IVORY, that’s amazing. A book!

JACK, the dialogue is more meaningful, this one, than the one we had about toilet seats. And yet, you can see by the number of comments (only 6) that nobody wants to touch this.

So let me clarify, because obviously my approach wasn’t terribly user-friendly, in fact recommended that readers check out a truly militant feminist’s website. With swear words on it, yet.

The point about screaming at men, to a feminist, is that they’re socialized into competition and pride and it gets them into trouble. And guys listen to guys, so if you get them into politicking, they're very effective.

The big beefs about guys are: a guy isn’t supposed to cry, a guy isn’t supposed to fail, and a guy is supposed to take charge in relationships. (All ridiculous, of course).

And so the more lucid writers on this topic are saying, Sure, a woman can trick a man, lead him to believe that No means Yes, then cry rape, and women need to be trained, too. But few women actually rape, so we focus on men.

Any woman who says No should be taken at face value. No. But to some men, the No will be a yes if they want it to be a yes and she has already put herself into an affirmative position, meaning has said yes to other sexual behavior. Oh, boy. I'm rambling.

I tell some guys, Get it in writing.

A man does need to ask permission, as does a woman, for sexual favors of any kind. That’s very much the spirit of the law.

SYD, 100%, most men emulate and learn from their fathers, their brothers, uncles, grandparents. But it is a myth that rape is an angry act. It can be an angry act, but it can be a stupid act, as well. A guy can think she wants it (I’ll do a post on rape myths) when she doesn’t, and rape her. And certainly athletes and movie stars, for example, might feel deserving because so many women/men literally throw themselves at them. A feeling of entitlement sort of creeps into the personality. If you're entitled, or special, then you might not listen to the No.

And of course you’re right, a bully will be a bully. We call them rapists in this context. They're the angry ones.

PATTY, it’s very hard to know what’s up when you’re in the middle of it.

ELLA, Okay. We’ll pick a date. But if I keep writing about stuff like this, no one’s going to be reading me. Crazy paradox of being true to one's self.

Anonymous said...

Thank you for this. Such an important topic, this post. I really appreciate how you've cited Dworkin's work so positively, as she's often misquoted (my own work often focuses on feminist ethics so the misuse/misappropriation of "radical" feminists really bothers me).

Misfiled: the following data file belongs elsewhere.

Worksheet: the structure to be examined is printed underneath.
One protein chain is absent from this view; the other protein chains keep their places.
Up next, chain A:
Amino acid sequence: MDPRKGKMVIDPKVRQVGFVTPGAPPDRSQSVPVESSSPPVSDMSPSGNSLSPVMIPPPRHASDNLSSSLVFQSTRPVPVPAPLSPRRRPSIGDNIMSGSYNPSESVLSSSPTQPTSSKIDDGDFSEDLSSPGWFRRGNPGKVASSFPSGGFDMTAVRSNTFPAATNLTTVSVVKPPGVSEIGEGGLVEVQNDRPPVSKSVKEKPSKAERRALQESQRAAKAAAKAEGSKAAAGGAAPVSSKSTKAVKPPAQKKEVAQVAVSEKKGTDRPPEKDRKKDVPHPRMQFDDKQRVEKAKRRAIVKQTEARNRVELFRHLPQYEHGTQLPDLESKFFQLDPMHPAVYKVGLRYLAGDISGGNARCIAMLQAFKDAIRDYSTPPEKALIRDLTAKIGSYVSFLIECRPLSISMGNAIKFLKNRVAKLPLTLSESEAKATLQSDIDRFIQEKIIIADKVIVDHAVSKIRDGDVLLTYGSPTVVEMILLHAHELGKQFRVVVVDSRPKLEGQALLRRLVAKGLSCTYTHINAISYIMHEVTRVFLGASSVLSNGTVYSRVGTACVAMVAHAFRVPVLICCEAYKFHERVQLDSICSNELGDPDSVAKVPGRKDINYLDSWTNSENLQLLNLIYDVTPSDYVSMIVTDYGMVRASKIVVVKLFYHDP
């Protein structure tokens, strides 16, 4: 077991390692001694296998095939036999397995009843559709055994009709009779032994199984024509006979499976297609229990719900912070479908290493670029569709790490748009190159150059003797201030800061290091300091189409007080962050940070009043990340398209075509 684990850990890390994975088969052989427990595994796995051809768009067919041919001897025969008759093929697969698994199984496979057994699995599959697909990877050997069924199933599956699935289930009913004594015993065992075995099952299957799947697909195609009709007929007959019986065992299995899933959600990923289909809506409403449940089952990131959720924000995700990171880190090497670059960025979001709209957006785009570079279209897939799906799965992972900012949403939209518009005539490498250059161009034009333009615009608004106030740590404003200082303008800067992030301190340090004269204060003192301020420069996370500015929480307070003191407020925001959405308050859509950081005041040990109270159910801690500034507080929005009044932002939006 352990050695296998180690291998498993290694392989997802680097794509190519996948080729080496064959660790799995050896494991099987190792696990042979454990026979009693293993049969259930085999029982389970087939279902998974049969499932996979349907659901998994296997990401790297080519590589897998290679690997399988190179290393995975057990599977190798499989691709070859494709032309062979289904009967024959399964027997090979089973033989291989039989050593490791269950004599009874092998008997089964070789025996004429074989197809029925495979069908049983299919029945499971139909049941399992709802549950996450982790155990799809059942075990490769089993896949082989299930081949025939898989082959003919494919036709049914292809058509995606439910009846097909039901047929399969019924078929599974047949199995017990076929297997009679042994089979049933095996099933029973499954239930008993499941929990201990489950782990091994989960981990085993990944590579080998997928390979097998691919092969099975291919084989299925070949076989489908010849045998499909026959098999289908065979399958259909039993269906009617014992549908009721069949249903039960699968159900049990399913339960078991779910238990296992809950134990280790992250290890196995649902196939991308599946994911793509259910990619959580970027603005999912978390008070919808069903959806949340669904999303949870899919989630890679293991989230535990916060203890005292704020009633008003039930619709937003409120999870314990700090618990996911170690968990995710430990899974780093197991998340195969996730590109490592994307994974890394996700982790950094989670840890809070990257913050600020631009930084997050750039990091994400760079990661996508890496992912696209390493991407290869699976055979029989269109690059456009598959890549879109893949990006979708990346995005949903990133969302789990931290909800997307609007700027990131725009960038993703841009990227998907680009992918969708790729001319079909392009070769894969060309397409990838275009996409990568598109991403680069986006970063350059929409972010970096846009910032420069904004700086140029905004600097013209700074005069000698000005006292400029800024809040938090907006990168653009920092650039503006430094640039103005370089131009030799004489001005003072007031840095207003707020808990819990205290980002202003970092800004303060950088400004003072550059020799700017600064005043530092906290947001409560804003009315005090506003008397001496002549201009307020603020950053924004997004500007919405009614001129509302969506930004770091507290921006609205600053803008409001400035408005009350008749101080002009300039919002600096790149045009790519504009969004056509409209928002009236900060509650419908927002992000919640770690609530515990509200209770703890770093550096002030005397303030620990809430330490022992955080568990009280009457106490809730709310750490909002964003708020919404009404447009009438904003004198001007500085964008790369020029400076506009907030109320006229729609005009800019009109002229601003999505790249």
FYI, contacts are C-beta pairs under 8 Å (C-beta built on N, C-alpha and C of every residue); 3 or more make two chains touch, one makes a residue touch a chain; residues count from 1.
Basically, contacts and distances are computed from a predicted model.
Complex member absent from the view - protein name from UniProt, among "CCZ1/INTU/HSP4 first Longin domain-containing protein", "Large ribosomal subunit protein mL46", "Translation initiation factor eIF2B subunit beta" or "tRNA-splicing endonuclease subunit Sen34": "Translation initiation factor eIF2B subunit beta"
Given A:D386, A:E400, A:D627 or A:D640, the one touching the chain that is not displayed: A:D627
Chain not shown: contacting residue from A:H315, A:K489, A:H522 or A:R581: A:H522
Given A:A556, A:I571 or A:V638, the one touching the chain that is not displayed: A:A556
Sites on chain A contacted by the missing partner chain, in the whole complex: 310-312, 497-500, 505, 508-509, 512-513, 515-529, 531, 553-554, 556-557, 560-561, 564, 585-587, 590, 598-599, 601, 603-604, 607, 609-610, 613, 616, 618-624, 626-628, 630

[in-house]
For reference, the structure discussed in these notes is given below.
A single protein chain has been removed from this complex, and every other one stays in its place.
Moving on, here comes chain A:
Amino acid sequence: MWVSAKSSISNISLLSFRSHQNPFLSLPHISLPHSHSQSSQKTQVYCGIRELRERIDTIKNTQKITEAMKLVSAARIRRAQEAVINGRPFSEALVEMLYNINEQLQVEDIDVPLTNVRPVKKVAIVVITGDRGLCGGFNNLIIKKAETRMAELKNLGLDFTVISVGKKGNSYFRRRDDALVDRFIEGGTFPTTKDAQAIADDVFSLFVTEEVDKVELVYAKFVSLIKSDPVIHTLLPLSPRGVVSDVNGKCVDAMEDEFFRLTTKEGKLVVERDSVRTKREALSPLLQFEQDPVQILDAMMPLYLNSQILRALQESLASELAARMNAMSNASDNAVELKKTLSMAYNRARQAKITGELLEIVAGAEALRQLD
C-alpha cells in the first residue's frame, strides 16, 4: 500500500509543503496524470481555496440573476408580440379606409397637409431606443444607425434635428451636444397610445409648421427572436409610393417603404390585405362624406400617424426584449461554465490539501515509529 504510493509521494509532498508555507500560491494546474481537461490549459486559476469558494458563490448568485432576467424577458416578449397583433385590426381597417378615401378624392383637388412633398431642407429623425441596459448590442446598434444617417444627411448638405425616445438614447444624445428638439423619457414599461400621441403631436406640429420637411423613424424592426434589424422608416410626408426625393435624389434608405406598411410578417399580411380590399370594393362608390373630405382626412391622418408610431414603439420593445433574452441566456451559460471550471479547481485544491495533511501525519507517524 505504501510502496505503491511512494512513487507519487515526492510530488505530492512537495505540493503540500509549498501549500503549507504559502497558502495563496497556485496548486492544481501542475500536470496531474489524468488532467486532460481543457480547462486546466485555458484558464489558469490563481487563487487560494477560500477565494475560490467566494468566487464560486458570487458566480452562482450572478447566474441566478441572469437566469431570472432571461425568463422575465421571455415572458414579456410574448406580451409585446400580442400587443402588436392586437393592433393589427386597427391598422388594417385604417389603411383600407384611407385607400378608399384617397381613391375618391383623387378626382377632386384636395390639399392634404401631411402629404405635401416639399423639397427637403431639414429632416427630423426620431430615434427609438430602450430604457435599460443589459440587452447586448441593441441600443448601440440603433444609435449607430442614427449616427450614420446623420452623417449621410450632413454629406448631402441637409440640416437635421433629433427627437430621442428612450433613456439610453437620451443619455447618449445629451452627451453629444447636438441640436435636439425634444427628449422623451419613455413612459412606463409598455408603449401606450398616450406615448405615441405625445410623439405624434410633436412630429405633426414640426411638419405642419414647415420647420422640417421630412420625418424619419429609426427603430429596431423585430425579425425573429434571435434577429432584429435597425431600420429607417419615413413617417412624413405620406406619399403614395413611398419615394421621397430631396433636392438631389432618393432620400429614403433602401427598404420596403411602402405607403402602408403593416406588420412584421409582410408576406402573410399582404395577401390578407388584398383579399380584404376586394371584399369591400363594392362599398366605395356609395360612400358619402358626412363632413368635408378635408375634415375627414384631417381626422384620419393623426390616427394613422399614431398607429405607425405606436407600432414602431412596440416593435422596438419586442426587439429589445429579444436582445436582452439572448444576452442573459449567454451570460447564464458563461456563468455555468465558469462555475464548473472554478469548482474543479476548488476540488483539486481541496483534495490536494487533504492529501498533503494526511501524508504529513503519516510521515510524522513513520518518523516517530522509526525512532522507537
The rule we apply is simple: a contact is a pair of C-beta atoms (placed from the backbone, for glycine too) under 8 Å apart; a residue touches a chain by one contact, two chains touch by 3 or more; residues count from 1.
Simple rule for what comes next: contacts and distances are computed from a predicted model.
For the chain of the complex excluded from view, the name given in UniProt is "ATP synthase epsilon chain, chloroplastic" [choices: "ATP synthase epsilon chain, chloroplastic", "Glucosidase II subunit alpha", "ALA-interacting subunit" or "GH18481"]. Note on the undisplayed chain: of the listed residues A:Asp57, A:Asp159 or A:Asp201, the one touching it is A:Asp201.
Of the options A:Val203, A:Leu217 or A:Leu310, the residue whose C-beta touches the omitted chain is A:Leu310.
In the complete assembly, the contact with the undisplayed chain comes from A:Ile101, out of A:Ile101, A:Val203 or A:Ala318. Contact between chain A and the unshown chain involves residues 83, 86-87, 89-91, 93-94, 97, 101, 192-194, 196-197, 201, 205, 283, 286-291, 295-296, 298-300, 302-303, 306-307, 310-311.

This approach you advocate is certainly countered by those who believe feminism is doing boys and men a disservice (see Christina Hoff Sommers and Camille Paglia, for example). I think it's a tough fight. First, we have to explain the problem - make men (and women) accountable (globally and societally) for how men are often taught to objectify and/or hate women - then we need to create a solution. This solution needs to involve everyone. We all create this problem (I don't mean this in the sense of victim blaming or anything of that sort) and we all need to find constructive solutions.

Still, I see so many young women who question their self worth and aren't sure if what happened was "really rape". It's hard to convince. We don't have the right language for it as a society. We need better words. These young women who tell their story with such hesitation and self-blame need to feel empowered. If only we could easily come up with a way to promote that feeling.

Great post, thanks again.

therapydoc said...

When I talk about teaching little kids that a penis is a penis, not a pee pee, or whatever, it is the beginning. Although I really like the work pee pee and wouldn't take it from a 4 year old.

Just talking about it, explaining it, helping people understand what good sex, healthy sex is, this is a challenge. Thanks for the reference, btw!

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Mark said...

In many ways the rape statistics are amazing and hard to beleive yet in another way I understand the dynamics that create this situation. Couple the desensitization of violence that our media bestows upon us with the staggering number of young men without male role models and we should not be surprised by the outcome. Watch realty shows lie Jersey Shore and it is easy to understand where many young people are taking the cues from. So much of who we are as a culture is a mask, a false self. It is when we remove the mask that we find the authentic self, the self that is love and does not support violence in any form. Love is the answer, matters not what the question is.
Thank-you for creating additional awareness on this important subject.

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April_optimist said...

What a powerful and important post. Fundamentally, it comes down to respect. We don't try to hurt people we respect. We actually listen to what they are telling us. We don't try to humiliate or attack or manipulate them. What if schools taught respect--for ourselves and for each other?